- River of Wells
- This is the name adopted by Stow as the translation of the" rivulum foncium " of the charter of William I. to St. Martin's le Grand.The words of the charter are as follows: "Totam terram et moram extra posterulam quae dicitur Cripelesgate, ex utraque parte posterulae, viz.: ab aquilonari cornu muri civitatis, sicut rivulus fontium ibi prope fluentium, ipsam a muro discriminat usque in "aquam currentem quae ingreditur civitatem."Stow identifies this River of Wells, as he calls it, with the Fleet, but the " rivulus fontium ibi prope fluentium," which separates the moor from the wall can hardly be the brook now called the Fleet, which has a course due north and south, half a mile west of the" cornu muri."It was probably a stream connected with the celebrated wells Clerkenwell, Skinners' Well, Fagswell, Goswell, enumerated by Stow, which stream might have taken its rise in Highbury, and flowing down through Moorfields towards the City wall may have thence turned in an easterly direction to join the Walbrook in its descent to the Thames.It may well have been identical with the "water" mentioned in an Inquisition of 3 Ed. I. as "coming down from Smethefield del Barbican in the ward of Cripplegate towards the Moor, over which an arch has been erected at the White Cross occasioning a stoppage of the water on account of its narrowness."The portion of the moor given to the church of St. Martin le Grand by William I. would seem to be that portion lying adjacent to Cripplegate and extending from the north corner of the City wall by St. Giles' Church to the Walbrook, viz. Finsbury Fields and the neighbourhood.Documents contained in the Lansdowne MS. 170, p.62, emphasize the contiguity of the property to Cripplesgate and make it unlikely that it lay much further west than the north corner of the wall above mentioned.It seems almost impossible that the " Rivulus fontium " could be so far west as the Fleet.The name "River of Wells" does not occur in early records, and is only Stow's translation of the Latin as stated above, and adopted by later writers in deference to him. Thus in 1652 the Common Ditch or sewer, described as "Fleet Ditch," and the River Wells, also "Tremel-brook," was to be cleansed and encroachments removed (Sewers, Bt. Museum, 669, f. 16/88).The name is also used by Bagford in a letter to T. Hearne in Leland's Collectanea, I. lxiv.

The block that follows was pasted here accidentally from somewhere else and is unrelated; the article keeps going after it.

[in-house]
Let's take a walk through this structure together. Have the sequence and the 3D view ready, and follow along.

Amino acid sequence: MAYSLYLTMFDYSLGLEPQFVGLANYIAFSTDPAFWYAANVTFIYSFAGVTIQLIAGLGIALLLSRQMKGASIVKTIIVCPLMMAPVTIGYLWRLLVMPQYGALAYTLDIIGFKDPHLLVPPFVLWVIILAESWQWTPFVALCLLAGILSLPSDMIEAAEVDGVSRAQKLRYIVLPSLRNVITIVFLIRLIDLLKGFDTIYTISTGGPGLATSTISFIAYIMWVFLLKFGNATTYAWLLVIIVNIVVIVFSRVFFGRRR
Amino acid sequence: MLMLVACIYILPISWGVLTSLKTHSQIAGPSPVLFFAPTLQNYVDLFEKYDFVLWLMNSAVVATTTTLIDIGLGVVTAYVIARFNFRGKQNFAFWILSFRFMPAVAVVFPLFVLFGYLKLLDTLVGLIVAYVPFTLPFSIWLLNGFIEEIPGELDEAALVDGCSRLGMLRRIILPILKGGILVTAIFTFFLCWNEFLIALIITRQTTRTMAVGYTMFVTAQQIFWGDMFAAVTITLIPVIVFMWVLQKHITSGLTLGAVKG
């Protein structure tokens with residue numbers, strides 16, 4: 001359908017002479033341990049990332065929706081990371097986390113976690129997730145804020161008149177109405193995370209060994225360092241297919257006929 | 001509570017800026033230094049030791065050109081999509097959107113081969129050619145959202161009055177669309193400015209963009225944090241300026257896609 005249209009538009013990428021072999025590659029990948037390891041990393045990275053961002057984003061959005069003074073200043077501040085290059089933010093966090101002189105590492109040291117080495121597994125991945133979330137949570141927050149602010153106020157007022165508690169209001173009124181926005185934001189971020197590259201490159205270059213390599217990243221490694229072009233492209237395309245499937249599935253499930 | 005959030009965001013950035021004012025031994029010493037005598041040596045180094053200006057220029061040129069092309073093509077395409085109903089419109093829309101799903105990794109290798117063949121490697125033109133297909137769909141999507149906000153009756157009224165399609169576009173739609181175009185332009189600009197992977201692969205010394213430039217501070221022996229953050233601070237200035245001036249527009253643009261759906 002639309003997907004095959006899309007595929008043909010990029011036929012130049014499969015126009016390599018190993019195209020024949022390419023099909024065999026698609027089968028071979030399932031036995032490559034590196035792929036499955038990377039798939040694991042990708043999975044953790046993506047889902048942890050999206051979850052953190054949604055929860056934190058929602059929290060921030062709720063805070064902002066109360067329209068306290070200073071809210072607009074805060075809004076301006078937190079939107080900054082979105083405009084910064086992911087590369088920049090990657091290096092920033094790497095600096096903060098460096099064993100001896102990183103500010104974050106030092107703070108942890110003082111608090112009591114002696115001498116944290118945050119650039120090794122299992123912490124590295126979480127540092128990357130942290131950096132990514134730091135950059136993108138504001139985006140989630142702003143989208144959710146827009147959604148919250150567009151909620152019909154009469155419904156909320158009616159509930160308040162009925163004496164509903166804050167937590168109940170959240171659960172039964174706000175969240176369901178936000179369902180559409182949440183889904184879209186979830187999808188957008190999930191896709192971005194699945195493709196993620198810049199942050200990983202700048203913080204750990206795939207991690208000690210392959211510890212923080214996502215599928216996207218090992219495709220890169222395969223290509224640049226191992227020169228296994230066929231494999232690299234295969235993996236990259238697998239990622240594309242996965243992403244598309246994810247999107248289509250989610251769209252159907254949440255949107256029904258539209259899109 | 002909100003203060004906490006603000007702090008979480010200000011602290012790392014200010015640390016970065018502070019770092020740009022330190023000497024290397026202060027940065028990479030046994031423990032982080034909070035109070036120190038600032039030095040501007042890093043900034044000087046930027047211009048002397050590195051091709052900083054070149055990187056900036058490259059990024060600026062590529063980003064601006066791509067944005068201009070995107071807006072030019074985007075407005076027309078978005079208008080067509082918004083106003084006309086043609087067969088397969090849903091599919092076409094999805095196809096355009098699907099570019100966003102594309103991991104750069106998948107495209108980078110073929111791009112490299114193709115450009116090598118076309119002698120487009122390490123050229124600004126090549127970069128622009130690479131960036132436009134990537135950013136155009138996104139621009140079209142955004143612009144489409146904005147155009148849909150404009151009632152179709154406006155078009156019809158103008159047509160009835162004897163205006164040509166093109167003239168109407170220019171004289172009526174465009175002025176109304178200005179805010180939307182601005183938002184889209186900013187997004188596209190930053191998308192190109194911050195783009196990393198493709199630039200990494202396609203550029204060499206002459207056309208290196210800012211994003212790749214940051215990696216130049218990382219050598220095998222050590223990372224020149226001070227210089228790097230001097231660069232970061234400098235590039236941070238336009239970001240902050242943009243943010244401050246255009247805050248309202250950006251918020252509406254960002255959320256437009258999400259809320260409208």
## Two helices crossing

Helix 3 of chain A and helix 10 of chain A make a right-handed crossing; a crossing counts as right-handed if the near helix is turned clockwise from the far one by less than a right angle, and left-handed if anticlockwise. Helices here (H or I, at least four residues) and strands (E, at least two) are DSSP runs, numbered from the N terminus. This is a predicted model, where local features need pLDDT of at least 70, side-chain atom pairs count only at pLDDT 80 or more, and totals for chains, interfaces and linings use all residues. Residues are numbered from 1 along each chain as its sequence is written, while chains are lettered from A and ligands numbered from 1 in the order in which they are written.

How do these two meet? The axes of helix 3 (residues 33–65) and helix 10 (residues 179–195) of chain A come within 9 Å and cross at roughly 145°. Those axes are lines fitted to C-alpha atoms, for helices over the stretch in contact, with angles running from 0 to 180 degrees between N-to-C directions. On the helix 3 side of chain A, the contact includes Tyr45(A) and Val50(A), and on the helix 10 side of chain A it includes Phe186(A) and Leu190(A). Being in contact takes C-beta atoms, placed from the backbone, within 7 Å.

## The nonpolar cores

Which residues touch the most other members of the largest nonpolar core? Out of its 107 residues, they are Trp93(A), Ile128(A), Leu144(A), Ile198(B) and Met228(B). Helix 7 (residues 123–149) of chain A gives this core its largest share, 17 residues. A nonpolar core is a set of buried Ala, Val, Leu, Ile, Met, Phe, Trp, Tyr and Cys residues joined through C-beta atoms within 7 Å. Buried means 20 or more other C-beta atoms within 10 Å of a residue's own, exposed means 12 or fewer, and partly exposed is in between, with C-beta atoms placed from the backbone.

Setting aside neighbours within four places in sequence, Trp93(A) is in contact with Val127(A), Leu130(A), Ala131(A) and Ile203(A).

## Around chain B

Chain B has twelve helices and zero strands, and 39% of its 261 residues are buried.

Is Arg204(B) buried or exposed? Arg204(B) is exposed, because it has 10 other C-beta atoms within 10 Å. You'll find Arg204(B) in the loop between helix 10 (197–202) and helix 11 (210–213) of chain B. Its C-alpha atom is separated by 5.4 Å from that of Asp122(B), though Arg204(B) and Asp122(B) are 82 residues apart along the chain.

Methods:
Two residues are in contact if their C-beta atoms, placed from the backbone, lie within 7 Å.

A Dictionary of London. Henry A Harben. 1918.